Voting with their wallets

It's an age-old question: what's wrong with this picture?

A few days ago, I captured an interesting moment that, in a single image, describes eloquently one of the most egregious violations of trust being perpetrated against the public.  I won't call it an "unsuspecting" public, because anyone who is not at least suspicious about what is reported by the mainstream media, and what so-called "scientific polls" purport to reflect about public sentiment, is keeping himself in intentional ignorance.

Of particular interest is the perpetrator in this case: none other than President Trump's personal favorite media outlet, CNN.  Deepening the suspicion is the fact that the CNN story shown here is based on a Gallup poll.

Much has already been spoken of and shown on the issues of bogus polling and fake news, much of it by the president himself.  Consider this my thousand words:

 

This screenshot is from general Apple news feed.  The first is a Fox News report about singer Joy Villa's decision to wear a "Make America Great Again" dress to the Grammy Awards on Sunday night and the subsequent massive spike in sales of her music.

As reported by the Daily Wire:

Her 2014 album "I Make the Static" was ranked 543,502 on Amazon [on Sunday night].

But when she woke up Monday morning, after attending the Grammys, all that had changed. Her "Static" album had soared to No. 1 – an increase of 54,350,100 percent! In fact, the top six entries on Amazon's "movers and shakers" were all works by Villa.

Fittingly, the Fox News story captured in the screenshot was also number one in Apple's "Trending Stories."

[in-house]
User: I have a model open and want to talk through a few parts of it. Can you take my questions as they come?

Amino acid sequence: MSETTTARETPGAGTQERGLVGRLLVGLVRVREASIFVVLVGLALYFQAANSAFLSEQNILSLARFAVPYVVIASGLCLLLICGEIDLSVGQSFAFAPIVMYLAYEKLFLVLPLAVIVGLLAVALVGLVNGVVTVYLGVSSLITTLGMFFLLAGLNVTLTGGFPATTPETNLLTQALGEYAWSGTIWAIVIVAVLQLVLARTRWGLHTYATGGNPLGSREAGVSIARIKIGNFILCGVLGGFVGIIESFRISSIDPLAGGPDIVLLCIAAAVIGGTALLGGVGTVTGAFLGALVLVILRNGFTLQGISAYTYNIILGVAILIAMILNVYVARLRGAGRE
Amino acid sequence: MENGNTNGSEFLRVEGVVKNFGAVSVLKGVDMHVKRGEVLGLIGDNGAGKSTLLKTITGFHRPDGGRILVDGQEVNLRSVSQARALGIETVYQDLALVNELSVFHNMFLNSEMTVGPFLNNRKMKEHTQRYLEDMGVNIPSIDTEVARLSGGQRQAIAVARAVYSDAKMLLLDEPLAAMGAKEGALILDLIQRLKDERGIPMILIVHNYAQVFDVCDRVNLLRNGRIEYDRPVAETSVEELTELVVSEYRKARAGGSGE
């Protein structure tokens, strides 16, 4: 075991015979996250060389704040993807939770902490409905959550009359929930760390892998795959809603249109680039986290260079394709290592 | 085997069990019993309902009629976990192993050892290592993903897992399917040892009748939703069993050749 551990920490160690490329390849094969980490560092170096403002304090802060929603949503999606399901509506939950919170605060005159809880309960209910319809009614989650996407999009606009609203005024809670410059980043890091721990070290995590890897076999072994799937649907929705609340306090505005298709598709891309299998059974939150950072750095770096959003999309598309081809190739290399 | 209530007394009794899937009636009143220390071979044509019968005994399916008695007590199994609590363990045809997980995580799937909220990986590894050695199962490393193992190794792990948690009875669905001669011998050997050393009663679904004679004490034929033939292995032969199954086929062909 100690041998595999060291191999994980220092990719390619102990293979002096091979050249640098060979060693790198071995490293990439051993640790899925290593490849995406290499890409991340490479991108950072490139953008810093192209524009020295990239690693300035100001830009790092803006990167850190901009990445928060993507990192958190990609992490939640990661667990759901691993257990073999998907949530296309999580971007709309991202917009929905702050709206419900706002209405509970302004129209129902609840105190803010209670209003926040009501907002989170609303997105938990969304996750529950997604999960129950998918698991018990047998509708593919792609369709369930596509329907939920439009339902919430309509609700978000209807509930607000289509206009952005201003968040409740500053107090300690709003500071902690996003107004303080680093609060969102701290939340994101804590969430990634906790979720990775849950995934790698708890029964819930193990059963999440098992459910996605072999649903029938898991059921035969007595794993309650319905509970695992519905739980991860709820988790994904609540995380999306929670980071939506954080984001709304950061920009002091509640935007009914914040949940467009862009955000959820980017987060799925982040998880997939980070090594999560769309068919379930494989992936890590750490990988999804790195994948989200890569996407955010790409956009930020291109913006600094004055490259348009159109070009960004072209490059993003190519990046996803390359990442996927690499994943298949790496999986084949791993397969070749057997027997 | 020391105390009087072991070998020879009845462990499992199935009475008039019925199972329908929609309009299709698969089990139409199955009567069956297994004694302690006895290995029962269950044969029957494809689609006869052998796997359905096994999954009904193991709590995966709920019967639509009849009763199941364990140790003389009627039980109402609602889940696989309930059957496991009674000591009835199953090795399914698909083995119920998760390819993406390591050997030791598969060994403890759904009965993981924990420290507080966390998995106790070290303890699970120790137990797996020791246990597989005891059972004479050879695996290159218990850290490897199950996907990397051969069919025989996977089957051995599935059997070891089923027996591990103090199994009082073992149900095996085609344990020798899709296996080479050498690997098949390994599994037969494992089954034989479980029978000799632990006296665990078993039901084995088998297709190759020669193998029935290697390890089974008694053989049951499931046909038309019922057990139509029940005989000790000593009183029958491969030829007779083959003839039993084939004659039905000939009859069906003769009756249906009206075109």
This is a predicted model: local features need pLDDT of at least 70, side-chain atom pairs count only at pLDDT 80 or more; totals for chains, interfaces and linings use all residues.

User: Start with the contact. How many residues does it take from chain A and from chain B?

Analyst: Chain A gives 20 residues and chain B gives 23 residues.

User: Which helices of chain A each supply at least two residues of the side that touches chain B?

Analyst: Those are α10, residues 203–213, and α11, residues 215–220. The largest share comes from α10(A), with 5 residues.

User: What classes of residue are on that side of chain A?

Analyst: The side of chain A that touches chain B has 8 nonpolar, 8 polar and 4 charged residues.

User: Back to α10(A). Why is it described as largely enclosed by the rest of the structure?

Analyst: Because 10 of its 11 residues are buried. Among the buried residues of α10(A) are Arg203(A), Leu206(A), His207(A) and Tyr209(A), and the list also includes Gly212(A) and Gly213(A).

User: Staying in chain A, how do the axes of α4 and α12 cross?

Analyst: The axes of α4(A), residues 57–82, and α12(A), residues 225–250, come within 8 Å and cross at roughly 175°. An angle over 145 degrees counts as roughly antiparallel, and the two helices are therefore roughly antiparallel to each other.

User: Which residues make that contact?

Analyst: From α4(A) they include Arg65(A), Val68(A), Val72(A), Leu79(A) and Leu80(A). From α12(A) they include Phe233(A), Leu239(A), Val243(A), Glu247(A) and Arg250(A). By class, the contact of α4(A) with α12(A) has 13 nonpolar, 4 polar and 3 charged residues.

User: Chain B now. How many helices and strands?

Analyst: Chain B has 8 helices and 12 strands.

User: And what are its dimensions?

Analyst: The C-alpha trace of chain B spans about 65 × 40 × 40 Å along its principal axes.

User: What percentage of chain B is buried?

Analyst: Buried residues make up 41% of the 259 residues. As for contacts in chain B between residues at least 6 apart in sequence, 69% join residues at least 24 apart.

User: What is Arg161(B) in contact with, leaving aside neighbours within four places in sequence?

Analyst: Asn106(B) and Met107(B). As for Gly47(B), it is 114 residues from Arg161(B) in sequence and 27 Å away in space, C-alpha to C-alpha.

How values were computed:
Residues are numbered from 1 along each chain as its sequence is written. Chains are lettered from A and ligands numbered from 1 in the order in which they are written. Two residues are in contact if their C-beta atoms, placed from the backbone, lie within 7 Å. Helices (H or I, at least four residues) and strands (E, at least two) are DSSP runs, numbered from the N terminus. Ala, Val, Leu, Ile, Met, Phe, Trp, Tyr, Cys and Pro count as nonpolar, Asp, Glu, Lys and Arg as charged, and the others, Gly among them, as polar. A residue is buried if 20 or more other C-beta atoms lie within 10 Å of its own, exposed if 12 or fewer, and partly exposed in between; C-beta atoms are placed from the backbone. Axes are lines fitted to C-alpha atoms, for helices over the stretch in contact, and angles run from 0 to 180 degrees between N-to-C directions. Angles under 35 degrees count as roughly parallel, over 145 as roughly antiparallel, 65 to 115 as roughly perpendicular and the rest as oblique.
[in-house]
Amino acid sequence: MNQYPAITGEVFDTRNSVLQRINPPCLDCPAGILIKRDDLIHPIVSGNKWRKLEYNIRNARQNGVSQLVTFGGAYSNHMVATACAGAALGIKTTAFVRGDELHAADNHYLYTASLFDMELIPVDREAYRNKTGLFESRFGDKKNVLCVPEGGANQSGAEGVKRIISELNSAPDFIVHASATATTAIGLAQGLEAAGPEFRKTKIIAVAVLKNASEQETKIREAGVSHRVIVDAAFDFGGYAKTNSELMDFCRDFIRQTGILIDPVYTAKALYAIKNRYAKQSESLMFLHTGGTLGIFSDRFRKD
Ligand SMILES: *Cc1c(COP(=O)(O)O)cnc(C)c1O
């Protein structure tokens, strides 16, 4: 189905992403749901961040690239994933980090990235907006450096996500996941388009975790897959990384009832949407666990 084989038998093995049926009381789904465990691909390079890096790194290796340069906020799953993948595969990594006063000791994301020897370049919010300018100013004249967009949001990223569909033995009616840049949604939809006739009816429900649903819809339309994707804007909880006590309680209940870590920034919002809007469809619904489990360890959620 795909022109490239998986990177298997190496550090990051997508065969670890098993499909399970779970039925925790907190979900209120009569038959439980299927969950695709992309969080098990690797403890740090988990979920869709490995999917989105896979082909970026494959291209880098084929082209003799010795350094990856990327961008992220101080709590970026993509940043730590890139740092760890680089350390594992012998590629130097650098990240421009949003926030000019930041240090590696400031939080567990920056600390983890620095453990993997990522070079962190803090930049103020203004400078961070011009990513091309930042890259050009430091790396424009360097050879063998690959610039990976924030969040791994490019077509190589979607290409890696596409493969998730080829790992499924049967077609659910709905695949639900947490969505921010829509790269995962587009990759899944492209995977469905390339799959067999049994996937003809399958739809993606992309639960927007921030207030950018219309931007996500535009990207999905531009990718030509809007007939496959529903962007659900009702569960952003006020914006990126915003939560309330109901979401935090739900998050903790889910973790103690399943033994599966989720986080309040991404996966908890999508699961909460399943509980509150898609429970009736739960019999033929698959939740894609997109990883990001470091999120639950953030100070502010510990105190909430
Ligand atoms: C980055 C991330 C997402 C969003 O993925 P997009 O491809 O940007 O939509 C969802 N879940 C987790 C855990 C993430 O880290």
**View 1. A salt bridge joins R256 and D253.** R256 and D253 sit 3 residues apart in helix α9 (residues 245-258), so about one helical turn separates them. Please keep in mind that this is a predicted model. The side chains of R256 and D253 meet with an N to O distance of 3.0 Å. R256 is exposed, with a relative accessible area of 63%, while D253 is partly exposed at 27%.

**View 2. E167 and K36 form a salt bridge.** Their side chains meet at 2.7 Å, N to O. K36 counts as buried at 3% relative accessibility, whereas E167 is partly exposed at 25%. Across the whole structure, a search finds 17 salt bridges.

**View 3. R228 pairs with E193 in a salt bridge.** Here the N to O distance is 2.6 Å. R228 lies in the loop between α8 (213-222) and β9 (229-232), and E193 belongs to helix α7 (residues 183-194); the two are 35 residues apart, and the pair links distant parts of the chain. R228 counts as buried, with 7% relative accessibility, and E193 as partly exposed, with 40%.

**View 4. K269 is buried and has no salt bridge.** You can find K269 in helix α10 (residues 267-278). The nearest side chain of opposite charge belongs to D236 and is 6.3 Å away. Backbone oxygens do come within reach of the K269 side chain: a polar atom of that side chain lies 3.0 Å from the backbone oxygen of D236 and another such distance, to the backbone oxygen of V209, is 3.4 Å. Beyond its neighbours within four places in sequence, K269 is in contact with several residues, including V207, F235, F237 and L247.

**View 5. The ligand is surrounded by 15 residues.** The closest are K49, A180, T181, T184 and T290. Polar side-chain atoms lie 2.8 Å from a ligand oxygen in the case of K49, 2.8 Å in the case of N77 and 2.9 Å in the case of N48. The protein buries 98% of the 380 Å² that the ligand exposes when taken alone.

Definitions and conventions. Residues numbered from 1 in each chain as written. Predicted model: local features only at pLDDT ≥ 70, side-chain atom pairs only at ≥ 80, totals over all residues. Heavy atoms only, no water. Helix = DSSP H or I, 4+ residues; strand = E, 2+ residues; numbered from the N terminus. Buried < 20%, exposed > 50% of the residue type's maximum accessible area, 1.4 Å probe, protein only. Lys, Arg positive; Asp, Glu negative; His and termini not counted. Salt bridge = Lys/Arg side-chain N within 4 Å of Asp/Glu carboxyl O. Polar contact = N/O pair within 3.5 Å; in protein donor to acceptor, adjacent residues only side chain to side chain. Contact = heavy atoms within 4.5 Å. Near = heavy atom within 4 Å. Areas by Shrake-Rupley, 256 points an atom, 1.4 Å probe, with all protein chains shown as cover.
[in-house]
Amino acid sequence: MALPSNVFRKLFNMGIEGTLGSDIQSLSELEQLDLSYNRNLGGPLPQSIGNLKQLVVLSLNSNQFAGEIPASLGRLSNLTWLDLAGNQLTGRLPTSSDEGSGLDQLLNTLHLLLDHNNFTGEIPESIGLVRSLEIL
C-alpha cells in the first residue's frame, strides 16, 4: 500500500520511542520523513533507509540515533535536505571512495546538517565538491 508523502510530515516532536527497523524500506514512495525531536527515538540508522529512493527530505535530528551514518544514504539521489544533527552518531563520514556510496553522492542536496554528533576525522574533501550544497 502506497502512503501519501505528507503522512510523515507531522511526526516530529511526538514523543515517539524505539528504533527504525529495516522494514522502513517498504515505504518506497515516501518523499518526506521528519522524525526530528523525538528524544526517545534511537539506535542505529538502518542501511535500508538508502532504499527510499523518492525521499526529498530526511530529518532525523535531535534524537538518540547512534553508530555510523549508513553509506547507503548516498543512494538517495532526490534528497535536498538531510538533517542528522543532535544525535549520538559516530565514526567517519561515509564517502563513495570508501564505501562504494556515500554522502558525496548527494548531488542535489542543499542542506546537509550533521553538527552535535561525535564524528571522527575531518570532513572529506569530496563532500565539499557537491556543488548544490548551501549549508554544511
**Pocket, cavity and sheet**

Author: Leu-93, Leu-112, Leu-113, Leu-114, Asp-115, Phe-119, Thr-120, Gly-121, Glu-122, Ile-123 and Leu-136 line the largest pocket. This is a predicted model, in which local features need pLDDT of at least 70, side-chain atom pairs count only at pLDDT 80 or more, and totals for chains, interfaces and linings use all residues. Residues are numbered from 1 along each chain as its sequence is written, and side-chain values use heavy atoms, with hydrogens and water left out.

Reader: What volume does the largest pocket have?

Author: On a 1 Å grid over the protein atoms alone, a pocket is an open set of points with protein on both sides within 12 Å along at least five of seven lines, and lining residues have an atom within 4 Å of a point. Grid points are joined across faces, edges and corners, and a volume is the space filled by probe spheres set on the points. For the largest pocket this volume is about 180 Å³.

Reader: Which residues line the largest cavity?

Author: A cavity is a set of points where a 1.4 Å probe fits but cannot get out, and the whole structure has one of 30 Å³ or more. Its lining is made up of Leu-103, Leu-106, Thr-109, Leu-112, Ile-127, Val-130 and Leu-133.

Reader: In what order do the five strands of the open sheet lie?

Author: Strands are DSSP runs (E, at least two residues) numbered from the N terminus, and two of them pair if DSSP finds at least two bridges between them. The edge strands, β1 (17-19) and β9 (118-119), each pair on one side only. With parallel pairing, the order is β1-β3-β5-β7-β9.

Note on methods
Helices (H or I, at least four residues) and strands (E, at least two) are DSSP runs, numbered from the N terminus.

In second trending position is a CNN story touting a Gallup poll that "Trump approval rating at new low."

So I ask again: what's wrong with this picture?

To any honest observer, it should be pretty apparent: Americans are voicing their support for Trump, not in response to questionable polls or more questionable CNN stories, but in the only way that really matters: with their wallets.  A 54,350,100-percent increase in sales overnight for a performer who did nothing more than wear an allegedly pro-Trump dress to the decidedly anti-Trump Grammys says a lot more about American sentiment than a poorly sampled poll by a dying institution.

Trump's election to the presidency shined a bright, unblockable light into the darkest corners of America's media and polling crisis because it came in spite of almost universal polling and subsequent reporting that a Trump win was a statistical impossibility.  Hillary Clinton's victory, according to nearly every major poll and news outlet, was all but assured.

Apparently, nothing has changed.  These antiquated institutions have learned nothing from their epic failures, and worse, they're working furiously to make sure Americans learn nothing from their epic failures.  Pollsters are persisting in their claim to be America's voice, a claim loudly reinforced by CNN and the like, especially when it sounds damaging to Trump.  Americans' money says something entirely different, and though it is perfectly captured in this picture, it doesn't take a thousand words to say it. It takes only four: CNN is fake news.